Who Needs Biotech VCs, Anyway?
Welcome to In Translation, and thanks for reading. As a companion to Xconomy’s regular life sciences coverage, this new column provides me with a chance to dive a little more deeply into strategic, cultural, and scientific topics around the biotech world, and bring more of my own point of view to bear. I welcome and encourage your feedback, of course. With summer vacations and schedules in full swing, we’ll publish the column every other week to start, then reach for a higher gear when we’re all back in our offices, labs, and schools after Labor Day. Enjoy.
“The model is broken.”
I used to hear that chant from biotech VCs all the time, often accompanied by the thwack of self-flagellation. The model was supposed to work like this: put money into highly risky science, nurture it, and wait a long time—sometimes five years, usually a lot longer—for that risk to become an unlikely reward. Most efforts would fail, but a few home runs would propel the investors to the next fund. That model built Genentech, Amgen (NASDAQ: AMGN), Gilead Sciences (NASDAQ: GILD), Regeneron Pharmaceuticals (NASDAQ: REGN), and so many others.
But those ambitions, to build companies with the muscle to make a medical difference, have largely fizzled, and at least 10 well-known venture firms have exited health care or called it quits in the past few years. At a time when the world’s health crises—Alzheimer’s disease, obesity, drug-resistant pathogens, and more—require all hands on deck, can biotech VCs be a major force behind the next 50 years of cures?
You could argue venture’s job is not to cure the world; it’s to provide superior returns. But as Big Pharma increasingly looks to biotech as its “farm system,” the uncertainty puts pressure on the entire pharma industry.
“This era has made us all step back and say what the heck is going on,” says Brad Vale, who runs Johnson & Johnson Development Corp., the health care giant’s 41-year-old venture group whose fortunes, despite different strategic goals, are intertwined with those of traditional VCs. “What are the fundamental principles of success in venture, and what do we have to do to be successful?”
Is the model still broken? I haven’t heard the complaint as often lately. Some interesting things have happened in the past few years. Some biotech VCs, facing limited partners skeptical of the traditional model, began tinkering with new ways to build valuable products and services faster. The genomics revolution that produced a bubble and a ton of disappointment more than ten years ago began to deliver insights, and a few products. And public markets roared back from the recession (even though jobs haven’t), pulling nearly 100 U.S. healthcare firms, most of them biopharma-related, through the IPO window since the start of 2013, according to Renaissance Capital.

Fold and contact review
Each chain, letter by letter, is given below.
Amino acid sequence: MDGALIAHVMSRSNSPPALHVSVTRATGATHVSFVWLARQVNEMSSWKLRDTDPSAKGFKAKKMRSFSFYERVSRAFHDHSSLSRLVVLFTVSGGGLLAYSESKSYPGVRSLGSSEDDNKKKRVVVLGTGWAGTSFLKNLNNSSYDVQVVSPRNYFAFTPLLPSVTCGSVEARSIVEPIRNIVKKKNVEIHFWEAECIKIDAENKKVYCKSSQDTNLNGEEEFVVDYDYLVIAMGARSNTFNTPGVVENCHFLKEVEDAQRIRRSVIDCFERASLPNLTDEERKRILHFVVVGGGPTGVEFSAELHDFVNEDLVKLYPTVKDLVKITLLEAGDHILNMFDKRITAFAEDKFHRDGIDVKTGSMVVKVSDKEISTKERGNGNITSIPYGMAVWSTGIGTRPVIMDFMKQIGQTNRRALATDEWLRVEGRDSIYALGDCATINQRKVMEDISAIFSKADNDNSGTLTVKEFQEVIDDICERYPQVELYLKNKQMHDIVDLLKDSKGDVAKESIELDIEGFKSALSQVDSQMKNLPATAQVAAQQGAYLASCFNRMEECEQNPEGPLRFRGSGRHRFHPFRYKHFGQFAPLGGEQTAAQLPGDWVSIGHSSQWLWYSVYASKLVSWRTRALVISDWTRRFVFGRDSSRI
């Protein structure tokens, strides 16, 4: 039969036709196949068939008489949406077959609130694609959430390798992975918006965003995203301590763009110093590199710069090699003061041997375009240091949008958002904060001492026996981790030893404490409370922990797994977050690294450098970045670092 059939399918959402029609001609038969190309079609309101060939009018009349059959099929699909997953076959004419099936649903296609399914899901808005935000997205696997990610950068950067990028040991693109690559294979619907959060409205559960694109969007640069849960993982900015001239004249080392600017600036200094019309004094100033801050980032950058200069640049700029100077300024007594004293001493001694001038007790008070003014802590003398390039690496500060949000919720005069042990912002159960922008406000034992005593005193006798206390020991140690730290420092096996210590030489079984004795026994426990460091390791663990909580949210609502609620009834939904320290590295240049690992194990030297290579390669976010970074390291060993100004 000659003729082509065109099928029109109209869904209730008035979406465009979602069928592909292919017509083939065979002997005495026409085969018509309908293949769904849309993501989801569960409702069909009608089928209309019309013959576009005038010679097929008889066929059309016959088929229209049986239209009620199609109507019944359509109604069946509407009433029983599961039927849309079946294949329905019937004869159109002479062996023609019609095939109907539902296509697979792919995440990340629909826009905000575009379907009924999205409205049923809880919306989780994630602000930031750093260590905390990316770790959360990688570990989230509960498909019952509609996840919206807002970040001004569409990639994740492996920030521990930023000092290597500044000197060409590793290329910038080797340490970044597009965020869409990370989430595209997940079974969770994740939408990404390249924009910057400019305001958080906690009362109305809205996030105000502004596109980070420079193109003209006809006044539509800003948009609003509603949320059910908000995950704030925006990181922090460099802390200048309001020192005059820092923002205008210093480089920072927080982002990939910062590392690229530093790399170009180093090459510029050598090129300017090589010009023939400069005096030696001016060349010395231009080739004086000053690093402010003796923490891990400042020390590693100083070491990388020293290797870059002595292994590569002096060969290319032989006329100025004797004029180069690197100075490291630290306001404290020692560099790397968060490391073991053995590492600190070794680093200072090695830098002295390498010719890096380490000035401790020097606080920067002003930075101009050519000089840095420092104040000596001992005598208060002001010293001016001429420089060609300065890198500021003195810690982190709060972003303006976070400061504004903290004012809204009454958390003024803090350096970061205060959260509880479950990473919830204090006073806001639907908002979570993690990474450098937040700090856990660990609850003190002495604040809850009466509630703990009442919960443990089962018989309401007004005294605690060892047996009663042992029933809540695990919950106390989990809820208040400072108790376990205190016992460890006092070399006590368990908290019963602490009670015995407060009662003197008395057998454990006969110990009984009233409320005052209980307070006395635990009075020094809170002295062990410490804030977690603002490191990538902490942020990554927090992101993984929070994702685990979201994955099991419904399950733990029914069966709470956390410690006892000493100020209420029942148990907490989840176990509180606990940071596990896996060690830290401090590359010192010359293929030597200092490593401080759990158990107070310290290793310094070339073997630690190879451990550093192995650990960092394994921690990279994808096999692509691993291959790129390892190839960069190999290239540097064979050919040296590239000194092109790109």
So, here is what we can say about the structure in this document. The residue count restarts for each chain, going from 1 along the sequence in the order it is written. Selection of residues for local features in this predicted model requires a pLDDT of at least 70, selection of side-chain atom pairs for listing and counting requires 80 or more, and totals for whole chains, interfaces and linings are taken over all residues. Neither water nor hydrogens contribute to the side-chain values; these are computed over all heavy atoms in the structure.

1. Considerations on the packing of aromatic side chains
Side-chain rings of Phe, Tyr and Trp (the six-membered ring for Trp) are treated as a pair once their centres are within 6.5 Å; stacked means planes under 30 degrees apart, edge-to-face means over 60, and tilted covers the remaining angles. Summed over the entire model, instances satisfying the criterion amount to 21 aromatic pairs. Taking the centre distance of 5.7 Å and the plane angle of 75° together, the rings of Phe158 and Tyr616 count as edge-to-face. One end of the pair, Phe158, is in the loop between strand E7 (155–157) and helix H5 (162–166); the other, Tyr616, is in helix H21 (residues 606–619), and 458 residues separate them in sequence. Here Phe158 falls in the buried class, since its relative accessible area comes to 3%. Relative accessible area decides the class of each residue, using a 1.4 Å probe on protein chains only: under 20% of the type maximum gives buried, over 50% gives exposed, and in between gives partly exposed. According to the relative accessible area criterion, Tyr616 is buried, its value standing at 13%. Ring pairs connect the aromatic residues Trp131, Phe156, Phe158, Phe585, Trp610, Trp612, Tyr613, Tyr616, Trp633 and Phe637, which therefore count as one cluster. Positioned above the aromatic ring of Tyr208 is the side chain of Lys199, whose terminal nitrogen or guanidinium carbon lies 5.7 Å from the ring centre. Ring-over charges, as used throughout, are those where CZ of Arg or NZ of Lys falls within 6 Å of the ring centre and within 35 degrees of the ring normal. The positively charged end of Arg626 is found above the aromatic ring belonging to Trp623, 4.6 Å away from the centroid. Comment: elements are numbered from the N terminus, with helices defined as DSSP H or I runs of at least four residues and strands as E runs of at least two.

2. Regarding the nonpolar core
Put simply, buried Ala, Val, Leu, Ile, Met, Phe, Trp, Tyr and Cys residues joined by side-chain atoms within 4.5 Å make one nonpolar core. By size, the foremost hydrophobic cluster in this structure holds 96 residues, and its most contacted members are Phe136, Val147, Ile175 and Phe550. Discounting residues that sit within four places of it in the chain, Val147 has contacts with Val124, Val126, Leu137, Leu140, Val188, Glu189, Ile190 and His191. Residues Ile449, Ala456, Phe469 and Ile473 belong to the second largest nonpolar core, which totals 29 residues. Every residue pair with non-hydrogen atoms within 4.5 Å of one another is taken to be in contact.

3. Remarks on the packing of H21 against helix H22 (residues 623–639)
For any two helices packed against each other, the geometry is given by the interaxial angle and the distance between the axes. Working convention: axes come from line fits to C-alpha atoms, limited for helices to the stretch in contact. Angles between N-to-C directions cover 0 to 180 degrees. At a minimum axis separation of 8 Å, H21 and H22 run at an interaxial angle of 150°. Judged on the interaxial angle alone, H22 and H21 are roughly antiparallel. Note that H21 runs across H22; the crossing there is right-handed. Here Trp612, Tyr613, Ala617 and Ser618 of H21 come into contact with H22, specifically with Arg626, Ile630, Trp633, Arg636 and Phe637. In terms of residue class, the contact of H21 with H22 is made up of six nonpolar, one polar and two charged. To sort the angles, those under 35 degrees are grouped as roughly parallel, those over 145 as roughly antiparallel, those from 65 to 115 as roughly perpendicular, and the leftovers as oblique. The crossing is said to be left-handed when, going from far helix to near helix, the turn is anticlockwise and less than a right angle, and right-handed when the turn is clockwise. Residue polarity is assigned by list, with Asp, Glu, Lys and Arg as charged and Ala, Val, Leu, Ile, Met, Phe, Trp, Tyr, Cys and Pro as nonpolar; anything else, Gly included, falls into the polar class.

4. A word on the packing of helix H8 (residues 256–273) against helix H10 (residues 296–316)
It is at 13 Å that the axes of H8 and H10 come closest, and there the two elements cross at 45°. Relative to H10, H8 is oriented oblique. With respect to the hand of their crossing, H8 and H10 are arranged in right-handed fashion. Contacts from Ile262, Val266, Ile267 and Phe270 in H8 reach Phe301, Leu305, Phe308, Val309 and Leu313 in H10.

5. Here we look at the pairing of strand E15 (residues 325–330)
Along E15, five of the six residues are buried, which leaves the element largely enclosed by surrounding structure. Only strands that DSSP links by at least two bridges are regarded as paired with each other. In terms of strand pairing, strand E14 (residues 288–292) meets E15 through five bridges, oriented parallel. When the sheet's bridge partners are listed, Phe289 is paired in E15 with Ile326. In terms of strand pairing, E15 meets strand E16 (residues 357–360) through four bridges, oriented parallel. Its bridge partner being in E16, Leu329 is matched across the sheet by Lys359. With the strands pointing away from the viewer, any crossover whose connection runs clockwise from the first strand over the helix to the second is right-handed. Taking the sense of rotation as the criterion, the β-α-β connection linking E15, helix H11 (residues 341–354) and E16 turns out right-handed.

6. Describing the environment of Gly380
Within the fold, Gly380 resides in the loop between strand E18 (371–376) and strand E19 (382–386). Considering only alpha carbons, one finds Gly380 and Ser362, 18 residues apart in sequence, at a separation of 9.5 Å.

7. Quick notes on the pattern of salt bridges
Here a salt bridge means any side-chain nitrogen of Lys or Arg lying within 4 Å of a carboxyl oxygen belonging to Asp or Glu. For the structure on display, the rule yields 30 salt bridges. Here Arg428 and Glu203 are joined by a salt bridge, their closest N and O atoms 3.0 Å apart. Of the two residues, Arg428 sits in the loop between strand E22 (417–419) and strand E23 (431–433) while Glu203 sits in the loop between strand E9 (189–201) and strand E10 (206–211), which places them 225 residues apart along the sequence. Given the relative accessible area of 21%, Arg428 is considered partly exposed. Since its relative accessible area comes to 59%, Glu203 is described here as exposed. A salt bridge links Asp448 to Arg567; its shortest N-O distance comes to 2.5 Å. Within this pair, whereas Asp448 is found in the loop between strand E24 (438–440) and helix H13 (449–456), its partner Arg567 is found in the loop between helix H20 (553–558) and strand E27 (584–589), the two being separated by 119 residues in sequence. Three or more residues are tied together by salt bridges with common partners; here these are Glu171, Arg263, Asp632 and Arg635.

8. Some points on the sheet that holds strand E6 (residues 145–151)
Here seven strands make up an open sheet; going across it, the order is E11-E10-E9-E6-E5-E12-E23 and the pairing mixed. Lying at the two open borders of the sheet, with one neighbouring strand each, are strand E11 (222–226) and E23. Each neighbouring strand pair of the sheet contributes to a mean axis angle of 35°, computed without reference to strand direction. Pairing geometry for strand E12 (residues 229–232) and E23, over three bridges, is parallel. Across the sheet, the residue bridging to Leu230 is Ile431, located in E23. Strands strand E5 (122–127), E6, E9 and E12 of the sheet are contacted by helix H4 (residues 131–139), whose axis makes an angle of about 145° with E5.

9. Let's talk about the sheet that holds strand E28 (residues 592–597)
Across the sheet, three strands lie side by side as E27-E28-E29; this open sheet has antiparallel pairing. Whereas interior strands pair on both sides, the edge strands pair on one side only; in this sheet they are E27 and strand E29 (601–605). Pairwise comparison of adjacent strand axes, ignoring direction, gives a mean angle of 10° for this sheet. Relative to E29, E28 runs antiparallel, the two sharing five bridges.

But all those exits, plus the ascending fund sizes of a few prominent firms—Third Rock Ventures, OrbiMed Advisors, Sofinnova Ventures (which just filed notice of its intent to raise a new $500 million fund)—mask a different reality. If you prefer, call it the 2014 version of “the model is broken.” In biotech innovation, VCs have lost their appetite for risk, and thus are losing relevance.
To express his disdain for the lack of courage, Bob Nelsen of ARCH Venture Partners described biotech VCs with a crude word for female anatomy—and generously invited us to print it. (We declined the offer.) Even without the locker-room language his point stands: Only a handful of life science VCs are bravely pursuing the old model, risking big dollars to build big companies, and that pursuit, Nelsen argues, is ultimately what leads to real medical progress.
He counts himself among the few and the brave. On my recent visit to his tower office with a view of Seattle’s skyscrapers, Nelsen ticked down a list of “billion-dollar companies” he’s helped build, including Alnylam Pharmaceuticals (NASDAQ: ALNY), Illumina (NASDAQ: ILMN), Agios Pharmaceuticals (NASDAQ: AGIO), and Ikaria. These days, he is the co-founder, director, and lead investor of Juno Therapeutics, a Seattle company pushing forward two different, cutting-edge kinds of cancer immunotherapy, licensed from three major research institutions, and backed by $176 million in Series A cash; ARCH contributed a big chunk of the money, the biggest bet it’s ever made on one company.
Nelsen is dismissive of small-bore risk-management strategies, and he’s contemptuous of scientific … Next Page »